Menton is one of the most dazzling towns in the French Riviera, which makes it an obvious choice for summer travels. But one annual event — La Fête du Citron, or Lemon Festival — makes it even dreamier in late winter. To celebrate its prolific citrus growth and usher in spring, Menton hosts a zesty carnival throughout the second half of February. Parades take place day and night, showcasing massive floats made out of lemons and oranges, bringing roughly 90 tons of citrus and 200,000 visitors to the 30,000-person town each year.

7. Vipiteno, Italy

winter-villages-vipiteno

Photo: Zigres/Shutterstock

Vipiteno is a small foothill village in the South Tyrol region of northern Italy near the Austrian border. The medieval main street, Via Citta Nuova, is lined with colorful houses that lead to the 150-foot landmark Torre del Dodici clocktower. The mountains surrounding Vipiteno offer year-round access to outdoor adventures like hiking, cycling, and paragliding. But the town’s very own ski area, Rosskopf, makes it one of Europe’s most beautiful winter villages.

8. Rovaniemi, Finland

winter-villages-rovaniemi

Photo: Roman Babakin/Shutterstock

Nowhere in Europe comes alive during winter as literally as Rovaniemi, AKA the “official hometown” of Santa Claus. Every year, more than half a million visitors make the Arctic trek to Finnish Lapland to see Santa Claus Village, snap photos with the big guy and meet the elves who run his post office, take reindeer sleigh rides, and dine in an igloo restaurant. Santa-themed activities run year round in the village, but December is the best time to visit Rovaniemi. Even if you’re lacking in Chrismas spirit, winter brings all sorts of wonders, from northern lights shows to epic snow sports like downhill and Nordic skiing at Ounasvaara Park.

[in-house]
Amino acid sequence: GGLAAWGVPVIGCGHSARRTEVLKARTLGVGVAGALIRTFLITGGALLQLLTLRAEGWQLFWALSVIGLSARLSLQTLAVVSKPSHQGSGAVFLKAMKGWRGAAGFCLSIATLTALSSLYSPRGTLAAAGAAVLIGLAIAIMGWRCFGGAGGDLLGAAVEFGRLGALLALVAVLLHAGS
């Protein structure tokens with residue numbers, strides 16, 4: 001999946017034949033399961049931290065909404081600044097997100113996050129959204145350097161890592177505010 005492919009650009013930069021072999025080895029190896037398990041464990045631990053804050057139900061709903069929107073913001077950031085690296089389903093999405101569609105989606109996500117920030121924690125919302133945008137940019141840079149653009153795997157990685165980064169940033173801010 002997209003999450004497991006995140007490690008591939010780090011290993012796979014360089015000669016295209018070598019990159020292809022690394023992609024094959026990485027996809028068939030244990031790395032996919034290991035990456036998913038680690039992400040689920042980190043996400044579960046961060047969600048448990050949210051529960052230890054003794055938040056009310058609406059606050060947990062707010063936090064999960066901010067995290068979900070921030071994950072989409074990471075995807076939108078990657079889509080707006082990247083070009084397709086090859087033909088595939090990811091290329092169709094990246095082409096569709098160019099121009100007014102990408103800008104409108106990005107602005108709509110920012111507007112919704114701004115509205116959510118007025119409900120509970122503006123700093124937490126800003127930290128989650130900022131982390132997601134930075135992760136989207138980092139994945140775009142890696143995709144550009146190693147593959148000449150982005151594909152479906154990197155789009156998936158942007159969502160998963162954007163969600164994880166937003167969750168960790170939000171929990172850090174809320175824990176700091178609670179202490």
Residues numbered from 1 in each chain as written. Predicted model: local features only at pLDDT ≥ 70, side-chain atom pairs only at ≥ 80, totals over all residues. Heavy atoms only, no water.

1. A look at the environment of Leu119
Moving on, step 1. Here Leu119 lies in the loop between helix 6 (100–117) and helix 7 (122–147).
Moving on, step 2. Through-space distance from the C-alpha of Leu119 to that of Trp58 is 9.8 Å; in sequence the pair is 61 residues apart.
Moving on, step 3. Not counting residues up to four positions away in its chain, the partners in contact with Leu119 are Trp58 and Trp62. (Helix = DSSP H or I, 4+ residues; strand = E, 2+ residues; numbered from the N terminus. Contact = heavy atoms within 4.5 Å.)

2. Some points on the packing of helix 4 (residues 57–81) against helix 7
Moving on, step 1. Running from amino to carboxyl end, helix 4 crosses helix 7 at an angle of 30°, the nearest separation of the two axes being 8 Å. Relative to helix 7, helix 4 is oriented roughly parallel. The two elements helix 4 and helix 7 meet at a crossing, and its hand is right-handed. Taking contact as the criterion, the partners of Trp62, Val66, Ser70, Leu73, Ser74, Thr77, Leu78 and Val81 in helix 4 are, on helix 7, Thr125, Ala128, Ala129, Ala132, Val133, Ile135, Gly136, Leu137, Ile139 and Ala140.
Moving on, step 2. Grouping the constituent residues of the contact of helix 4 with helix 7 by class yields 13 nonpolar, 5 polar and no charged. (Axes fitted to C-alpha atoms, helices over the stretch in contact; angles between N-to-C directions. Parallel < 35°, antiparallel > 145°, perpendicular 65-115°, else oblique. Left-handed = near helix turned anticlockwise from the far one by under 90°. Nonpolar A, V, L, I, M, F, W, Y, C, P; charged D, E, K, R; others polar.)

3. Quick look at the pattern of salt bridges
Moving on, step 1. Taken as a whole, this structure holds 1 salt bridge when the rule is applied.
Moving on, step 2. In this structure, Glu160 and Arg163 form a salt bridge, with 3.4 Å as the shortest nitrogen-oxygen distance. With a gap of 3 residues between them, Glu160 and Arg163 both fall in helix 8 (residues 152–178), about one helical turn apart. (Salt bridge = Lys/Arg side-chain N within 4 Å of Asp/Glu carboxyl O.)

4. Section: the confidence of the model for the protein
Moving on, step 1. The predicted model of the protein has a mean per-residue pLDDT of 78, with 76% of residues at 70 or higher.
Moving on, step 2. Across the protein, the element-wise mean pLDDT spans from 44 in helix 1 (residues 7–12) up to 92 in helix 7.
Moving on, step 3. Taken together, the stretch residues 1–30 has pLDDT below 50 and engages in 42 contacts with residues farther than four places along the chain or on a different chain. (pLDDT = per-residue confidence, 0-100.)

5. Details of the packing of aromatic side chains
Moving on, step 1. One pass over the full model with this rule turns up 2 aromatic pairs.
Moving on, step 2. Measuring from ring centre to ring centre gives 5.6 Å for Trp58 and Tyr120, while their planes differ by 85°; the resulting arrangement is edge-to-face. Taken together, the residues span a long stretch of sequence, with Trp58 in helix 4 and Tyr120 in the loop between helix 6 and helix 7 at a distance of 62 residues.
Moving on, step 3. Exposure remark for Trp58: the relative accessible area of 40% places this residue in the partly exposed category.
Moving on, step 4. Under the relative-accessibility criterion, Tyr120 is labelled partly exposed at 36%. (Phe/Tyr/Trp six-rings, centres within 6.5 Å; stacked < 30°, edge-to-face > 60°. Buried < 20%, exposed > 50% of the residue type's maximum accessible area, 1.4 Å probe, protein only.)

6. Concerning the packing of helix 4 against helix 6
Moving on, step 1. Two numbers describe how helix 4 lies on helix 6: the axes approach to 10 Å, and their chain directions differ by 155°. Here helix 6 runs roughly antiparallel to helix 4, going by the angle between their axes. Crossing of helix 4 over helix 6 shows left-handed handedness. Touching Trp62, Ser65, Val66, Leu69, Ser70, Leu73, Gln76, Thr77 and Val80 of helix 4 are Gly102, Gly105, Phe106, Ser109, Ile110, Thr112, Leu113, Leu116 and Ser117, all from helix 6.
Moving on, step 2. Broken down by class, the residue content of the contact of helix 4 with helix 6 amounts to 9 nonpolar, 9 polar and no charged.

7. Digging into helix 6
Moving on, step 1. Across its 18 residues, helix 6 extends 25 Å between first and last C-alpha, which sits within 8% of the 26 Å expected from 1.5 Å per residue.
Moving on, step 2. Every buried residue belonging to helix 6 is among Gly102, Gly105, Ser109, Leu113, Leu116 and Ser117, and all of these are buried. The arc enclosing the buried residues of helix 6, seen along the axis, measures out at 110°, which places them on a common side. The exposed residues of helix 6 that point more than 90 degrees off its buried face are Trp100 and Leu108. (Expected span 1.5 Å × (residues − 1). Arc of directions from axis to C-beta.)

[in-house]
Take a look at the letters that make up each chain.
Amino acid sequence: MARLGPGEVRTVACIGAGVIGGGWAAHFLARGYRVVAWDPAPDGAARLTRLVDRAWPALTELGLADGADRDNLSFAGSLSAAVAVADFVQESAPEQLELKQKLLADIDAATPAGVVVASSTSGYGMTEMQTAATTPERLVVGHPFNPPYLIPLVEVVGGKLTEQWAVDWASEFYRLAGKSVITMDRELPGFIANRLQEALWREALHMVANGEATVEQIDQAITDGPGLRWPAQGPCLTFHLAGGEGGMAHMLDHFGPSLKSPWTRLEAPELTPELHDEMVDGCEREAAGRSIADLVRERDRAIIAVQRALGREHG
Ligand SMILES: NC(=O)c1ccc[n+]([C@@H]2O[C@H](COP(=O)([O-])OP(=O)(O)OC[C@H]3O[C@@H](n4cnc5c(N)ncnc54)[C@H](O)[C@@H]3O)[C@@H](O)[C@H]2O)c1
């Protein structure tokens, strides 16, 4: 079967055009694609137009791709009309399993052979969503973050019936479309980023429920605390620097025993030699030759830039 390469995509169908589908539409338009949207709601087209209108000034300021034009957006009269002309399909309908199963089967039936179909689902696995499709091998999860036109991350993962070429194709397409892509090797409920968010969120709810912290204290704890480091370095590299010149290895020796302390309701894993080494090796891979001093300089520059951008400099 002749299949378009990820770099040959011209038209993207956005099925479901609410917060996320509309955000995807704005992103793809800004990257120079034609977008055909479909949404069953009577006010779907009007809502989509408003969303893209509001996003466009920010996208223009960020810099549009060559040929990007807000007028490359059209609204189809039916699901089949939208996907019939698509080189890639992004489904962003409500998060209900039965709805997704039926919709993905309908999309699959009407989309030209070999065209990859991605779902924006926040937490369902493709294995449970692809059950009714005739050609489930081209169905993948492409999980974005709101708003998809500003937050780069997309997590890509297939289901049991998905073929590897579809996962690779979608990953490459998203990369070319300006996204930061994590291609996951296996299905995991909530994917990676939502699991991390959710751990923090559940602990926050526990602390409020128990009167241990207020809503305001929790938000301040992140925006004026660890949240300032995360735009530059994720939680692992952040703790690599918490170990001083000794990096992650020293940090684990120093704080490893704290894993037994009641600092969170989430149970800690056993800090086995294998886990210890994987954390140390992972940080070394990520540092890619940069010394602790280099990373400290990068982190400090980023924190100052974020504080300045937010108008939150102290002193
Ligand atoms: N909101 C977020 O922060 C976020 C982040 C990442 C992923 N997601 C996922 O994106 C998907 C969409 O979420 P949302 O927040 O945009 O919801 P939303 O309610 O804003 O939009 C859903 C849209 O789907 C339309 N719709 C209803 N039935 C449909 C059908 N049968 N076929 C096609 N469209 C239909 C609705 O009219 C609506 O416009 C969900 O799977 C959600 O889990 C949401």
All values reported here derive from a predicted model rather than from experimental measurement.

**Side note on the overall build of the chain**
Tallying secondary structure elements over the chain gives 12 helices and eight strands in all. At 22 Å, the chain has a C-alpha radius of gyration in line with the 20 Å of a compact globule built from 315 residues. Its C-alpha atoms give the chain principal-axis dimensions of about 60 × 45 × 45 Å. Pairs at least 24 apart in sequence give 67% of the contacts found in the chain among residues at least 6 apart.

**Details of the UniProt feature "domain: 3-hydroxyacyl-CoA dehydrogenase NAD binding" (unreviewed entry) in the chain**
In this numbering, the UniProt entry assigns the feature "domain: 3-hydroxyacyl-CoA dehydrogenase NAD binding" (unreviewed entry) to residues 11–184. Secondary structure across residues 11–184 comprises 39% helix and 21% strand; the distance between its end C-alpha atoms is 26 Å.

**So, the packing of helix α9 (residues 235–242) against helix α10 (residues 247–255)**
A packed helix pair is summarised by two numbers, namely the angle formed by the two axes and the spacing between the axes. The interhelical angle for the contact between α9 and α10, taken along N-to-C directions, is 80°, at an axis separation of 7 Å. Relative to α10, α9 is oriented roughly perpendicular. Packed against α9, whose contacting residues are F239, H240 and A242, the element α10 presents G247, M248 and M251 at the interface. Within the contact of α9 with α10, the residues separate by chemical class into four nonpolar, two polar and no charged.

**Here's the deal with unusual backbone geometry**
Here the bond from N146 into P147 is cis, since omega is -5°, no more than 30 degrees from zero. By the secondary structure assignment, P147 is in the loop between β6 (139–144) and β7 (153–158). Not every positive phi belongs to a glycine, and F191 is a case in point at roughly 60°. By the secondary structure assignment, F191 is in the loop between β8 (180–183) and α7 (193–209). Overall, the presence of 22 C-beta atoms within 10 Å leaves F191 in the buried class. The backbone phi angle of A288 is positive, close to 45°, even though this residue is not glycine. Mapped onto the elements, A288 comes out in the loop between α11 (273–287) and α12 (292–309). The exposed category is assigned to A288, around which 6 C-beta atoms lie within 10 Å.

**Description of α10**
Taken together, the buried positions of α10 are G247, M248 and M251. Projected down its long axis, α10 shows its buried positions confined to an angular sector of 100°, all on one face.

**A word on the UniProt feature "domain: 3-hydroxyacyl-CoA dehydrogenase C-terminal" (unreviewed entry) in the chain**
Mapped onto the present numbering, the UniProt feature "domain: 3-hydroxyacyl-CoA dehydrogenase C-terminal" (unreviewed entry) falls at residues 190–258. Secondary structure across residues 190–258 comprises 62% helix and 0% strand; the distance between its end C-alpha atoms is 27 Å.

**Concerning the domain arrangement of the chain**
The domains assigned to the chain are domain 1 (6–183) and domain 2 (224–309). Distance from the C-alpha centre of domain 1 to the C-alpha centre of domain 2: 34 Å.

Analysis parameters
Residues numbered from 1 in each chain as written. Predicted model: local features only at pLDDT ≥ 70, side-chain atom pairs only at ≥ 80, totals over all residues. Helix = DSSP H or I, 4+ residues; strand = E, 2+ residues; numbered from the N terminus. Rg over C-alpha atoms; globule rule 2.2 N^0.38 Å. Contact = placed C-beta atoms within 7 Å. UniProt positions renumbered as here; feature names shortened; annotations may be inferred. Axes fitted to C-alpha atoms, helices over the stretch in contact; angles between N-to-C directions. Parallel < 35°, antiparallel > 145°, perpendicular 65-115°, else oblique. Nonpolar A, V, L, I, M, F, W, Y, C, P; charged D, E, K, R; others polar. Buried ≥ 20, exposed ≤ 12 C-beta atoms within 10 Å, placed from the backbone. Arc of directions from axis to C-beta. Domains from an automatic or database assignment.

9. St. Moritz, Switzerland

winter-villages-st-mortiz

Photo: Stefano Politi Markovina/Shutterstock

The Swiss Alps are synonymous with dreamy ski resorts. If Zermatt is the mother of all Swiss ski resorts, then St. Moritz is the beloved stepmom — a very close second in terms of popularity. Zermatt has taller peaks, including the famous Matterhorn, at the base of which sits a car-free town center peppered with quintessential alpine chalets. St. Moritz is more developed but also more dazzling — and there’s simply more to do there during the winter season. From world-famous tobogganing and wallet-busting shopping to snow yoga, teatime or caviar tasting, museum hopping, and long spa days, the longtime celebrity haunt is way more than its slopes.